The glossary of terms provides definitions used in the Educate Connect Elevate: Illinois State Metrics dashboards.
Level by which a student is enrolled – undergraduate and graduate.
A group of undergraduate students graduating from the University within a given fiscal year.
Funds received, including cash, check, or electronic contributions, received and processed by the Foundation. Funds may be immediately available to spend or directed to an endowment.
First time in college students are first-time, first year students who have not previously attended postsecondary institutions; students enrolled in the fall term who attended college for the first time in the prior summer term and students who entered with advanced standing (college credits earned before graduation from high school) are included in this category.
Transfer students are first-time students at the institution but previously attended a postsecondary institution at the same level; includes students enrolled in the fall term who transferred into the institution the prior summer term.
Core Expense per Full-Time Equivalent (FTE) enrollment is calculated by dividing the core expense by the FTE enrollment.
Core expenses include expenses for instruction, research, public service, academic support, student services, institutional support, operation and maintenance (O&M) of plant, depreciation, scholarships and fellowships, interest and other operating and nonoperating expenses. All core expense functions and auxiliary expenses include depreciation and interest expenses. Non-auxiliary O&M is allocated among all core expense functions. Auxiliary includes auxiliary O&M. Other core expenses includes student aid and other post-employment benefits and pension reporting.
The full-time equivalent (FTE) enrollment used in the calculation of core expense per FTE enrollment is the sum of the institution’s annual FTE undergraduate enrollment and FTE graduate enrollment. Full-time equivalent enrollment is calculated by summing annual credit hours and dividing by 30 for undergraduate students and 24 for graduate students.
The cumulative number of credit hours successfully completed, divided by the number of credit hours attempted by first-year students.
Employee classifications include Administrative/Professional, Civil Service, Departmental Faculty (teaching in an academic department), Lab School Faculty, Library Faculty, and Non-Departmental Faculty (non-academic department such as University College instructors).
Gifts funds that are permanently restricted and invested. Funds invested in the principal of the endowment are not available to spend.
Set by the Investment Committee of the Foundation Board, represents a pre-determined percentage of an endowment’s balance allocated to spend each year to meet current teaching and learning needs. An endowment distribution weighs the long-term value of the endowment against Illinois State’s present-day qualifying operating needs.
Count of faculty and staff employed as of October 1. Counts may be duplicated due to the inclusion of overload positions.
Full-time employees work 37.5 to 40 hours per week; part-time employees work less than 100 percent.
Self-identification as male, female, or non-binary/not disclosed.
Percent of first time in college students within the given cohort who complete their degree within six years (prior to the seventh fall term).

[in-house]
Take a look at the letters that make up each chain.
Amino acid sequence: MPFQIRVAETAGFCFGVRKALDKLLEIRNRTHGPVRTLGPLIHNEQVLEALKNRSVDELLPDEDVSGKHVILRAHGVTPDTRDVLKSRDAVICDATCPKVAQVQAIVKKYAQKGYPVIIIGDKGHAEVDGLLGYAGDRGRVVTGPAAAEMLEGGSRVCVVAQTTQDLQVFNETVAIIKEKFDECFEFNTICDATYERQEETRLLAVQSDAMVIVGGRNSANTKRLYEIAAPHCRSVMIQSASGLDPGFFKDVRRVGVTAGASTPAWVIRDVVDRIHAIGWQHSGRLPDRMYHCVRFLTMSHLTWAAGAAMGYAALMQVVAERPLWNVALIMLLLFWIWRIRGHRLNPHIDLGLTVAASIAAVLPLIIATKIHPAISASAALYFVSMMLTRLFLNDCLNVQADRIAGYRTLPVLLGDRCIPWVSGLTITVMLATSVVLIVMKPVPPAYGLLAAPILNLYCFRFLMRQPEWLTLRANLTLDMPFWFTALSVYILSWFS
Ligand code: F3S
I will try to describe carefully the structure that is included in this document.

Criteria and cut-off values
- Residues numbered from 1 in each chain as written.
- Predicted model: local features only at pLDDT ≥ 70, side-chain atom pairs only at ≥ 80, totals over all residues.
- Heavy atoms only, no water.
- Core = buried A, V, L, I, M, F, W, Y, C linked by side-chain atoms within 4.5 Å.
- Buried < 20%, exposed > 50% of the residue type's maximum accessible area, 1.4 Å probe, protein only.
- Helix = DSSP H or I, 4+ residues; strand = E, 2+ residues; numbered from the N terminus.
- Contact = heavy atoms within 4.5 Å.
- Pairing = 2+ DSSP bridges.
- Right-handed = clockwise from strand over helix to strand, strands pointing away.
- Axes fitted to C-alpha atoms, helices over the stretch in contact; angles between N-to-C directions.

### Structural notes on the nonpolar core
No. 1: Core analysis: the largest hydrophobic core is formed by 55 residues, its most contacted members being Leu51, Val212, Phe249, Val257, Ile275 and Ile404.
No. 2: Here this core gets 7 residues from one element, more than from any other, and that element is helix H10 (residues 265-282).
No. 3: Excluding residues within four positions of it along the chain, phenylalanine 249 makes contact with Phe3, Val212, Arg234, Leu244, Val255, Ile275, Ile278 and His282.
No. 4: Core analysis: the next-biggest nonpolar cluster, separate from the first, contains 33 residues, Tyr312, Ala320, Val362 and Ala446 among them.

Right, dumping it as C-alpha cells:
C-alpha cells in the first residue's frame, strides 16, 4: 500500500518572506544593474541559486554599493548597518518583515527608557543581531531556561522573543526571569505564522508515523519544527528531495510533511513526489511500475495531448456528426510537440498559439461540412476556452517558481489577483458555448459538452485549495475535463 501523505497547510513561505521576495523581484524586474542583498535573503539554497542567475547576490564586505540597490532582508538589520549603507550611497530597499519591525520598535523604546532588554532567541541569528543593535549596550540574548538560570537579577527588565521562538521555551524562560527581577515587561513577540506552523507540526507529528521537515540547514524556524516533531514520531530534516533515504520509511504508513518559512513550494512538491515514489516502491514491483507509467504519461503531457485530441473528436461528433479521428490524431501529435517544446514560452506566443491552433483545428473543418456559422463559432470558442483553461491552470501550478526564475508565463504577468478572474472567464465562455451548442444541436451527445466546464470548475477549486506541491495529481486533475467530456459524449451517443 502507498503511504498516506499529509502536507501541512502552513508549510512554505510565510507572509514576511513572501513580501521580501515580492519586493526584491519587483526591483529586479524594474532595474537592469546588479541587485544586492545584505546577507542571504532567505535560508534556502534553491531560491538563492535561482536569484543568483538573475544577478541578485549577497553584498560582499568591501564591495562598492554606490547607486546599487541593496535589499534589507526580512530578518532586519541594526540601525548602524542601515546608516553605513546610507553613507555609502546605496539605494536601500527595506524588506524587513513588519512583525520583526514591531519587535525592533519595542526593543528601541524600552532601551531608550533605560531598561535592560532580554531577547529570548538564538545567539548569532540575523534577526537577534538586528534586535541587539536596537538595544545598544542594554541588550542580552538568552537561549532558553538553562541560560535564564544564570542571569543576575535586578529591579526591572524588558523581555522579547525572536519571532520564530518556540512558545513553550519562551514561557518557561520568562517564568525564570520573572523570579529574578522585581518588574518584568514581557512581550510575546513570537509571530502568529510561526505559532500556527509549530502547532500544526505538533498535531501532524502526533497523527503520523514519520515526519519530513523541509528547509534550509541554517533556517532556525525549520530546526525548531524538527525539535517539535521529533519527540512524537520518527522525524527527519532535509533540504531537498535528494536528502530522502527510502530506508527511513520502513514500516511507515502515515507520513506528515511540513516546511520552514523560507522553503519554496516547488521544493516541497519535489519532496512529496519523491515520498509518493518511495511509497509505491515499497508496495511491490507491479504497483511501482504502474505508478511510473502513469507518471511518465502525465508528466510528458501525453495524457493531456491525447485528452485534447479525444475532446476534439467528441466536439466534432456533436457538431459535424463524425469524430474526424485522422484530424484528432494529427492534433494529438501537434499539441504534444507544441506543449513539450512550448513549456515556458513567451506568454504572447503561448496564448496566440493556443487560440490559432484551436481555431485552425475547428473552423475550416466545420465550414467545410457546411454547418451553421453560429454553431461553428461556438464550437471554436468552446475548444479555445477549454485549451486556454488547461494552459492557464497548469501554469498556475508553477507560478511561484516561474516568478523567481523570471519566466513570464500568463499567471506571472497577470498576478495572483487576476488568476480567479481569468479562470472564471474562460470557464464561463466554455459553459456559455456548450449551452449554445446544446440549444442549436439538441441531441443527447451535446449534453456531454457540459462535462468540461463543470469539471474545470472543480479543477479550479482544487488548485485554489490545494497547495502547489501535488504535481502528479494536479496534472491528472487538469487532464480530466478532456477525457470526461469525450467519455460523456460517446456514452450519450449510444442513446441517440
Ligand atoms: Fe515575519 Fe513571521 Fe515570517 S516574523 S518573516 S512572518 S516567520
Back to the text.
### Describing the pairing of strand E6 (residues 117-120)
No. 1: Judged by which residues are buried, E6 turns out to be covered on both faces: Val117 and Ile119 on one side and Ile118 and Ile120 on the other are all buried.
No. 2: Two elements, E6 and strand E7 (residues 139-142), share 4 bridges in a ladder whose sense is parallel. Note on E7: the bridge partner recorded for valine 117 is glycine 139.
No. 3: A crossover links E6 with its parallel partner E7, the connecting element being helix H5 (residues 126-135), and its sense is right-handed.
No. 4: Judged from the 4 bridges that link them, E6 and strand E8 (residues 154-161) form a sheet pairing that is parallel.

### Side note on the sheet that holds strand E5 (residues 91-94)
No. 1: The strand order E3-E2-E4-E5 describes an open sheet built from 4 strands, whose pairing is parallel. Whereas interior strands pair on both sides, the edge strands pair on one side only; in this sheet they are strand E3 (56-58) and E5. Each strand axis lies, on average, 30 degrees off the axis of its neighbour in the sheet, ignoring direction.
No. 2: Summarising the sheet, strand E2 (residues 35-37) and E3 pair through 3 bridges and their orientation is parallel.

The group of first time in college students entering the University within a given fall semester. Each fall group represents a different cohort.
Outright grants-in-aid, trainee stipends, tuition and fee waivers, merit scholarships, and prizes awarded to students including Pell grants. Financial aid that does not have to be paid back.
Awards approved between July 1 and June 30 of a fiscal year.
Grant proposals submitted between July 1 and June 30 of a fiscal year.
The middle value in a range of wages. Fifty percent of graduates earn below the median and 50% earn above.
The average yearly price actually charged to first-time, full-time undergraduate students receiving student aid at an institution of higher education after deducting such aid. The average institutional net price is generated by subtracting the average amount of federal, state/local government, or institutional grant and scholarship aid from the total cost of attendance. Total cost of attendance is the sum of published tuition and required fees (lower of in-district or in-state for public institutions), books and supplies, and the weighted average for room and board and other expenses.
Student awarded grant funds from the Pell Grant Program which provides assistance to students who have demonstrated financial need.
Self-reported as African American or Black; American Indian or Alaskan Native; Asian, Native Hawaiian or Other Pacific Islander; Hispanic; White; Two or More Selections – Excluding Hispanic; Unspecified; and Non-U.S. citizen. Underrepresented groups include African American or Black; American Indian or Alaskan Native; Asian, Native Hawaiian or Other Pacific Islander; Hispanic; and Two or More Selections – Excluding Hispanic.
An area or division, especially part of a country or the world having definable characteristics but not always fixed boundaries.
Percent of first time in college students within a given fall cohort who return for their second fall semester.
The group of first time in college students entering the University within a given fall semester (includes those beginning the prior summer term). Each fall group represents a different cohort.
Number of students registered for classes as of Census Day (10th day of term).
A division of a region.
Includes cash gifts and gift and pledge commitments, revocable and irrevocable deferred gifts, and gifts in kind.